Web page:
Hey, all.

So, I live in Bismarck. You might not know that about me. I don’t tend to talk about myself all that much. But, anyway … you can really tell, here in Bismarck, when the Legislature is gone. I mean, God bless them all and the great work they do. Some of you reading this are legislators, and I applaud you for your efforts. But the air is somehow lighter, sunlight more restorative, the mood so much more pleasant, when you’re gone.

The Senate wrapped up first, at 10:04 p.m. Friday with a bang of the gavel from Lt. Gov. Brent Sanford, and then House Speaker Lawrence Klemin, (my dad’s former boss, because I’m trying to tell you all more about my life) copies Sanford’s approach about 10 minutes later with a gavel slam of his own.

Frankly, a few weird things happened during the closing days. Let’s get in the weeds for a little bit, then go enjoy that “spring” weather!

Teacher Licensure Bills

An amendment was offered late in the week on HB 1531, the “alternative license” bill that would allow individuals without a teaching license to teach non-core subjects with a permit, instead. We didn’t like this last-second change and felt that it weakened the bill in our eyes. We were able to help draft and support an amendment offered Friday in the final Office of Management and Budget (OMB) conference committee that added language saying that if a school were to hire someone, they would have to enroll them in the teacher-mentoring program at the expense of the district. This bill started as HB 1531, then SB 2265, amended in SB 2013 and finally again the amendment that we supported at the end found its “forever home” in SB 2015. So, yeah. Ran a mini-marathon, you could say.

SB 2006 – “Income Tax Elimination” Bill

More good news. The terrible idea to use Legacy Fund monies to “buy down” income taxes in our state was removed from SB 2006.

I really want to make a reference to Game of Thrones here, and how, if you strike down the Night King, it also kills all the zombies that he created. But I don’t really watch the show. So, what I’m trying to say is that a bad idea died, came back to life, then the zombie idea died, too. At Winterfell.

NDPERS Funding Bill

As we covered the last two weeks, but the ND Public Employee Retirement System (PERS) funding bill, SB 2023, was going to eliminate a very important position in that office. In conference committee, we were also able to help PERS get that FTE restored, which a House appropriations sub-committee had taken out. That FTE was in charge of Medicare Part D, which provides prescription drugs for about 9,000 people in North Dakota, so we were very happy to see that restored.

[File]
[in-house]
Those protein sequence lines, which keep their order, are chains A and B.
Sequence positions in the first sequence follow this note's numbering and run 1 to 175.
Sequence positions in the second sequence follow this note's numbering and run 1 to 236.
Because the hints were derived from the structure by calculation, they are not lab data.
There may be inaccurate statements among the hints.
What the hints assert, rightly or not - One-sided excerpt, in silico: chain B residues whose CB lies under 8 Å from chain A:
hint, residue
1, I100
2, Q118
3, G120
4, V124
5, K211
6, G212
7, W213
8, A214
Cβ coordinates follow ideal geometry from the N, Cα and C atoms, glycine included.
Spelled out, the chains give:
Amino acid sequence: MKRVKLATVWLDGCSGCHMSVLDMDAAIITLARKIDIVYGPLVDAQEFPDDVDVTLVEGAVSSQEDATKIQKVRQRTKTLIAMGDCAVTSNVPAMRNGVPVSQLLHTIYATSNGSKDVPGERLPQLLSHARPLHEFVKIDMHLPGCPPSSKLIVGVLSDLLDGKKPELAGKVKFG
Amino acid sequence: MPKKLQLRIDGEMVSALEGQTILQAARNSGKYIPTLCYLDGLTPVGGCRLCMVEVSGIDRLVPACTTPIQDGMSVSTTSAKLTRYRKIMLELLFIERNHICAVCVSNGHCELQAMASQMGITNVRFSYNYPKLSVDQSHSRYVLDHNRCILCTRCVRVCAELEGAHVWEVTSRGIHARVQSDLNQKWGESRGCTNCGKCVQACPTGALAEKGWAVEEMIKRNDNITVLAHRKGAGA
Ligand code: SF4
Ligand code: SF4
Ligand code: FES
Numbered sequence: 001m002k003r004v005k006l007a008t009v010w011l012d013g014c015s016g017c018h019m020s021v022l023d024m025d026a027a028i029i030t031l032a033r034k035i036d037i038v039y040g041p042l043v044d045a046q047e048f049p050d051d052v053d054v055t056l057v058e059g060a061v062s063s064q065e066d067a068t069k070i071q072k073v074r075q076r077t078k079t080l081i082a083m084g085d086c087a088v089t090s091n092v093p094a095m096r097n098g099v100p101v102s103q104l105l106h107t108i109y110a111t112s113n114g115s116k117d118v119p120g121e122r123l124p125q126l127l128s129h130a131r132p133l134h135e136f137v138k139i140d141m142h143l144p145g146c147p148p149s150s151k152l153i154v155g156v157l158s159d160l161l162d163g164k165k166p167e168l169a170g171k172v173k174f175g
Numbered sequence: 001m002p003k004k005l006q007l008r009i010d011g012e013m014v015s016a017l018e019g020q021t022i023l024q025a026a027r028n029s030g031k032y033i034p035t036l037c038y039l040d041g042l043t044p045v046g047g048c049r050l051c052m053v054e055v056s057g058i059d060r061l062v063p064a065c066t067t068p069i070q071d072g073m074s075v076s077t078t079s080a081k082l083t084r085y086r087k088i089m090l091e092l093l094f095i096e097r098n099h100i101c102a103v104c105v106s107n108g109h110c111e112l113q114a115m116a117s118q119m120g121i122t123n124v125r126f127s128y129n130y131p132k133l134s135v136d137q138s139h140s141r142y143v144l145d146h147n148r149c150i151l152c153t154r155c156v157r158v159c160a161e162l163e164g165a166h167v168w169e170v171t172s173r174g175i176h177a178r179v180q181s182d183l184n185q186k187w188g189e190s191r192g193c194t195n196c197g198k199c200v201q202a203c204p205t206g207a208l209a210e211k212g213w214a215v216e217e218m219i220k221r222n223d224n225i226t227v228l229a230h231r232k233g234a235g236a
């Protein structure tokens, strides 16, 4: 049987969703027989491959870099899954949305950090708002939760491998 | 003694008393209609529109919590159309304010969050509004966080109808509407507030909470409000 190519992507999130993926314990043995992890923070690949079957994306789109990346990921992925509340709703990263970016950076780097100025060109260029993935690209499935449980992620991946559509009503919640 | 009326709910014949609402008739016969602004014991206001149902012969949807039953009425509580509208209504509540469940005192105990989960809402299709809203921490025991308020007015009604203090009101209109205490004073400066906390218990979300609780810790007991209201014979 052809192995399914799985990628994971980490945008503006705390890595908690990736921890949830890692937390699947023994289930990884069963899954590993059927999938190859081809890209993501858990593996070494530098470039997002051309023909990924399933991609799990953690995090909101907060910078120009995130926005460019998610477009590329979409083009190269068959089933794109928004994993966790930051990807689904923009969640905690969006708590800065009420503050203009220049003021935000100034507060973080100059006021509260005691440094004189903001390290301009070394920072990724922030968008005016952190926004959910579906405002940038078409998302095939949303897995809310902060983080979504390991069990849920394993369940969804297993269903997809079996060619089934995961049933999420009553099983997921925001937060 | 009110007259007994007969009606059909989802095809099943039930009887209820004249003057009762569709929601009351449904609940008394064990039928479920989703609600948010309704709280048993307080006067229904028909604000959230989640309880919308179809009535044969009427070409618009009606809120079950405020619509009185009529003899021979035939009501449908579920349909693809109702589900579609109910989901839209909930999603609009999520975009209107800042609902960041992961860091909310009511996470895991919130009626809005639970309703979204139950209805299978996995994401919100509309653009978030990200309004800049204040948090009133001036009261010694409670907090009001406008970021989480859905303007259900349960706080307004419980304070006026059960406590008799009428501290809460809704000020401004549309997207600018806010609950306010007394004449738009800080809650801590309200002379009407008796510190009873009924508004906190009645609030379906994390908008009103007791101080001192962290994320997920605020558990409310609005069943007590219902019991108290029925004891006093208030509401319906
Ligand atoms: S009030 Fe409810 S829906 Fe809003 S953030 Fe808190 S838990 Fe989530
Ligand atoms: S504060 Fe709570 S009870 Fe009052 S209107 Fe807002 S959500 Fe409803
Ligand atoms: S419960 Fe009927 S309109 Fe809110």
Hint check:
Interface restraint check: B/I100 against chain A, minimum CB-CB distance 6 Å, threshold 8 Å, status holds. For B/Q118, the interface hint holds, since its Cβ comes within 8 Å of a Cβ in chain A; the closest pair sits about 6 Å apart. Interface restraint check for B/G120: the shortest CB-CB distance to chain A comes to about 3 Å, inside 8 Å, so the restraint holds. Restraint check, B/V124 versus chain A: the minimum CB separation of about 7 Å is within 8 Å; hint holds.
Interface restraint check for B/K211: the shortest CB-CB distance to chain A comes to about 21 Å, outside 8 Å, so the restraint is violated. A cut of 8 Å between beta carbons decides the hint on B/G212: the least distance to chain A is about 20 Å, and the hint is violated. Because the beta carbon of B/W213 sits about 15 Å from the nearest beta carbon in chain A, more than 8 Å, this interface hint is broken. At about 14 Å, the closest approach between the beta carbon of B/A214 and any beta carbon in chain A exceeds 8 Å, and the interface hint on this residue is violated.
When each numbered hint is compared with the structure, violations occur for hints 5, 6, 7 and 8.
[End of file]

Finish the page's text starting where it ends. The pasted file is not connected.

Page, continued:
SB 2172 – “Guns in Public Places” Bill

Remember last week, when we told you that SB 2172, which sought to allow individuals to attain a Class 1 “exempt” license and carry their guns into schools, universities, churches, public places, etc., had been amended to remove that license from the bill? It hadn’t gone back to the chambers for approval when we told you that. So it did, last Tuesday, and the Senate defeated it. Where’s my “buh bye” meme or gif when I need one?

SB 2320 – “Higher Education Free Speech” Bill

Finally, an attempt was made to further amend the free speech bill (SB 2320) which would have had some impact on our college and university campuses. But that amendment was withdrawn almost as quickly as it was offered and we were able to help get that done.

The End (For Now)

We leave you at the end of this final Legislative Report for 2019 with these comments from ND United President Nick Archuleta:

“While we didn’t get everything we wanted, we did stop a number of bad ideas from becoming law. In particular, we were quite pleased to have gotten an adequate salary increase for state employees, to have helped maintain both the PERS health and retirement benefits plans, to have a gotten a study of behavioral health issues in our schools, and a mitigation of a truly terrible plan that would have stripped teachers of their workplace rights and increased their probationary status from one to three years. While we were able — with the help of our awesome NDUnited Member Activists — to strip out the most offensive language and reduce the three-year probationary status proposal to two years, we wish we could have killed this unnecessary proposal. On the bright side, it brought into focus who our friends are and are not. The same is true of two alternative licensing bills. I’ll have more on this topic next Monday when Tom Gerhardt and I present our Legislative Wrap Up on another exciting edition of Facebook Live!”

I’m Kelly Hagen, NDU communications director, and writer of these 15 Legislative Reports. Thank you for bearing with me on this adventure. Like anything I write, say or do, I hope it made sense. Stay tuned for the next week’s final Facebook Live video of Nick & Tom, plus the next issue of United Voices, arriving in June, for the complete rundown on bills that affect us as educators and public employees. And, if you’ve got a couple minutes, click on my name above to let me know what you thought of the job we did keeping you informed about the legislative session: good, bad or otherwise.

OK! Bye!